Pistorius, the Blade Runner from South Africa, will become the first double amputee to compete in the Olympics when he takes the line in the 400 rounds Saturday. Pistorius, who was born without fibulas, won a ground-breaking case against track and fields federation when arbitrators overturned the decision that his prosthetic legs provide an advantage. The Paralympic champion is also slated to run for South Africas 1,600relay team.
Richards-Ross advanced out of her first round, conserving energy with a time of 51.78. The St. Thomas Aquinas High graduate said she is feeling better than ever and that the springy track should produce fast times. Her top challenger is expected to be Botswanas Amantle Montsho, who ran 50.40.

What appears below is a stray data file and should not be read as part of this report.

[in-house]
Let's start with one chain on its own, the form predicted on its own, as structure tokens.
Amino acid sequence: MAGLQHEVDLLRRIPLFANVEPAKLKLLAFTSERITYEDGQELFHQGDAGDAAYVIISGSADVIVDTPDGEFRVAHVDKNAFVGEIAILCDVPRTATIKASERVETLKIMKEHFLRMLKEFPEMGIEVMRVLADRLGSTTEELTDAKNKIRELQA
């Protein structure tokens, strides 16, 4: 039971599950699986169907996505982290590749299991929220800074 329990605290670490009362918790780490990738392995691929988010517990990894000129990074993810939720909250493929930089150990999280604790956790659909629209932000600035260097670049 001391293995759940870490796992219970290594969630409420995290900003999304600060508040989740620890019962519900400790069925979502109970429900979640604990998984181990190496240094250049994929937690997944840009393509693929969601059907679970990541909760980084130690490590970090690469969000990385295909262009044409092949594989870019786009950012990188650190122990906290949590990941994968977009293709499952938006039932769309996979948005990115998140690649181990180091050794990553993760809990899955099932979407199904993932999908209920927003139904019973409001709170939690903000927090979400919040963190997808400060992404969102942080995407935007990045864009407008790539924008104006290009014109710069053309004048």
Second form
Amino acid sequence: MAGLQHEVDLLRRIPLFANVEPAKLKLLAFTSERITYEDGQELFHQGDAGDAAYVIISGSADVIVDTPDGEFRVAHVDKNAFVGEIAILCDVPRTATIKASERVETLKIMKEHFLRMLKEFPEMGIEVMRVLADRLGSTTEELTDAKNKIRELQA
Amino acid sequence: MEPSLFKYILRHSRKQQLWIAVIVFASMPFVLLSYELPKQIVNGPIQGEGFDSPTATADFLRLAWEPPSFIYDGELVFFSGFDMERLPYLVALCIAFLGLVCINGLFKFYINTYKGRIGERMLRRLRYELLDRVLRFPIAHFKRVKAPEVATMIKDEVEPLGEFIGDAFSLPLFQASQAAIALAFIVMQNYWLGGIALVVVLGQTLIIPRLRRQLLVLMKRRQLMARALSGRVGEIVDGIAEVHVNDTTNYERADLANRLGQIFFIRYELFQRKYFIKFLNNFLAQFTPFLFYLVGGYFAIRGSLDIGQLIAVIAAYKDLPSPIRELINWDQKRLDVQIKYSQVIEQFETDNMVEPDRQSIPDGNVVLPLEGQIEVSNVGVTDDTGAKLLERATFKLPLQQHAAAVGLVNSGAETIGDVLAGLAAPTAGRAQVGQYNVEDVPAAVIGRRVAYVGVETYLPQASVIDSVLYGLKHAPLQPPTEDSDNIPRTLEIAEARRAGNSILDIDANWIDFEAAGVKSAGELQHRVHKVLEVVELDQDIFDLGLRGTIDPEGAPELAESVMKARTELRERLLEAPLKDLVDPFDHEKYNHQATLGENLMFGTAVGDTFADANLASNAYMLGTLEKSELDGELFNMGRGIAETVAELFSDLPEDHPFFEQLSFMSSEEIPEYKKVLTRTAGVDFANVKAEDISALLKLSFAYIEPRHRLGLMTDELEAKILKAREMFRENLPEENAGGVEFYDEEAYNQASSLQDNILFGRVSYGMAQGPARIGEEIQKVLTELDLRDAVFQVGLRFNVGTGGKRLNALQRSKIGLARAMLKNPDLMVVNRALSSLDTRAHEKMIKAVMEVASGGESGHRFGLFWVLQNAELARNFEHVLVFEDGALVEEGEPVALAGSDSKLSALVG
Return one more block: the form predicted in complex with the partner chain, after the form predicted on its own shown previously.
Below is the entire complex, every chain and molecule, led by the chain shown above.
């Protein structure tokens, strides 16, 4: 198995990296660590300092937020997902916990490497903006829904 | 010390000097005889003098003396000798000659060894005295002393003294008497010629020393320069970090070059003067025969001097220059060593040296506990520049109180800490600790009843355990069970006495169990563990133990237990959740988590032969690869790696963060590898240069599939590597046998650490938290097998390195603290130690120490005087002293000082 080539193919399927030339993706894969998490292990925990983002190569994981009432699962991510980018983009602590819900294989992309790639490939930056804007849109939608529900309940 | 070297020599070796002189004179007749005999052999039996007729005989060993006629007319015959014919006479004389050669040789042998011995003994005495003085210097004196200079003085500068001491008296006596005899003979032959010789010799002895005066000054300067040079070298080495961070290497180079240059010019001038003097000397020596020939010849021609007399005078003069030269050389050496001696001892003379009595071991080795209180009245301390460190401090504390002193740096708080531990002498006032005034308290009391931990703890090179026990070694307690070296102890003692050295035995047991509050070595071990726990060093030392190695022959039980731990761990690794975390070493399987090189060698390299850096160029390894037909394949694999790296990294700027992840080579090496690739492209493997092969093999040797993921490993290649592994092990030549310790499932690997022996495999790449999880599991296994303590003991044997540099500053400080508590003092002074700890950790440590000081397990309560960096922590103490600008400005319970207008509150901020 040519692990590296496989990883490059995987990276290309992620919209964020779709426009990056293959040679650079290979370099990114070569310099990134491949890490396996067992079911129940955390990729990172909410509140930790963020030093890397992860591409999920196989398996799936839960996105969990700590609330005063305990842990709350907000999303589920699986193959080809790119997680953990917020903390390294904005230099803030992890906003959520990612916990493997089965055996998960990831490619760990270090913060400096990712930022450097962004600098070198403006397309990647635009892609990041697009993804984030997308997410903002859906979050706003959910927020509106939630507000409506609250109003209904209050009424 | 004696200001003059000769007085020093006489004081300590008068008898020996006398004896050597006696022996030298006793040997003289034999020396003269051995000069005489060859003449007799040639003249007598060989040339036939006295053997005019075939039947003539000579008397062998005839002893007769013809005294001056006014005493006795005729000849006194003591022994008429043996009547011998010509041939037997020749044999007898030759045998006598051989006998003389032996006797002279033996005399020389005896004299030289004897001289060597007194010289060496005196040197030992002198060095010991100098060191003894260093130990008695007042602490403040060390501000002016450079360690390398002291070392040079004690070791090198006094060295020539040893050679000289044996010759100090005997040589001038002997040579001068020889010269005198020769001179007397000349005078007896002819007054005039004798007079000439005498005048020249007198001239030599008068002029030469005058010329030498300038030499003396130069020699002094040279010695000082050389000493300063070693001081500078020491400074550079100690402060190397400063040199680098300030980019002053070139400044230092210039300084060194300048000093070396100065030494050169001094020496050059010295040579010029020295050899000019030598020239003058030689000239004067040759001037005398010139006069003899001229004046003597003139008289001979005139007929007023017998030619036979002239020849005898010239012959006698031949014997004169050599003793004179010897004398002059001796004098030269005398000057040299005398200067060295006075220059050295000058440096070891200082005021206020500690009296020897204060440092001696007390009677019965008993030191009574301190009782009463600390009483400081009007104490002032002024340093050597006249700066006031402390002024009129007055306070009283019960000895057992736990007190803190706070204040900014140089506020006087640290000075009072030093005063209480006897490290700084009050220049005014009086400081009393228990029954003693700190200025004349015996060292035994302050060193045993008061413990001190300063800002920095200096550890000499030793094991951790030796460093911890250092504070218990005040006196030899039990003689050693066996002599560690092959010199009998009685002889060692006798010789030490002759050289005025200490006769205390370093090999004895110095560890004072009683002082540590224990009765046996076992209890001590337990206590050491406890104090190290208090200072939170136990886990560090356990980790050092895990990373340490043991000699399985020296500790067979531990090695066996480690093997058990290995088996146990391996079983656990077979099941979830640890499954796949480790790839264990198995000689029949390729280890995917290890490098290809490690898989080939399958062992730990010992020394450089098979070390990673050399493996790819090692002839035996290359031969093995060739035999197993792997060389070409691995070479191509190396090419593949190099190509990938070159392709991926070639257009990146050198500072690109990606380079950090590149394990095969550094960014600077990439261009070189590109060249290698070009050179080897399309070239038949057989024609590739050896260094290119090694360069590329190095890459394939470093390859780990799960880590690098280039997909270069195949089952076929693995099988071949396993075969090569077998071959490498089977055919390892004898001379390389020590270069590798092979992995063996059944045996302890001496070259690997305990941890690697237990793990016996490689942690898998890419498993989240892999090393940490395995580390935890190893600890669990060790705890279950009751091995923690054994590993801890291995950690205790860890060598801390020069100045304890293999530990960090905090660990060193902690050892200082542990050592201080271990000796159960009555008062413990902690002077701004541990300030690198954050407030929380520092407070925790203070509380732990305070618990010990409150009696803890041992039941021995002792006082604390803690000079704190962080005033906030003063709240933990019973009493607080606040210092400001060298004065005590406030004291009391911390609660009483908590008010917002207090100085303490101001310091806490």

Ennis, popular with British fans and corporate sponsors, led after Day Ones four events, and broke Jackie Joyner-Kersees 1988 record in the heptathlon 100 hurdles.
Ethiopias Tirunesh Dibaba set the tone for her teammates by winning the womens 10,000 meters in 30:20.75 with an incredible 62-second final lap. Shes won three Olympic golds, more than any other female distance runner. Kenyans took silver and bronze. Runners from those two East African countries won eight of nine golds in 2008 in the mens 5,000, 10,000 and marathon, but Mo Farah, a native of Somalia who grew up in London, is the world record-holder in the 5K.
Polands Tomasz Majewski won the shot put and American Reese Hoffa took bronze.
Athletes such as Christian Taylor, Jesse Williams and Brittney Reese U.S. are leading a revival for American jumpers, and long jumpers Marquise Goodwin and Will Claye (former Florida Gator) advanced to Saturdays final. Russias Yelena Isinbayeva will make her last Olympic appearance in the pole vault.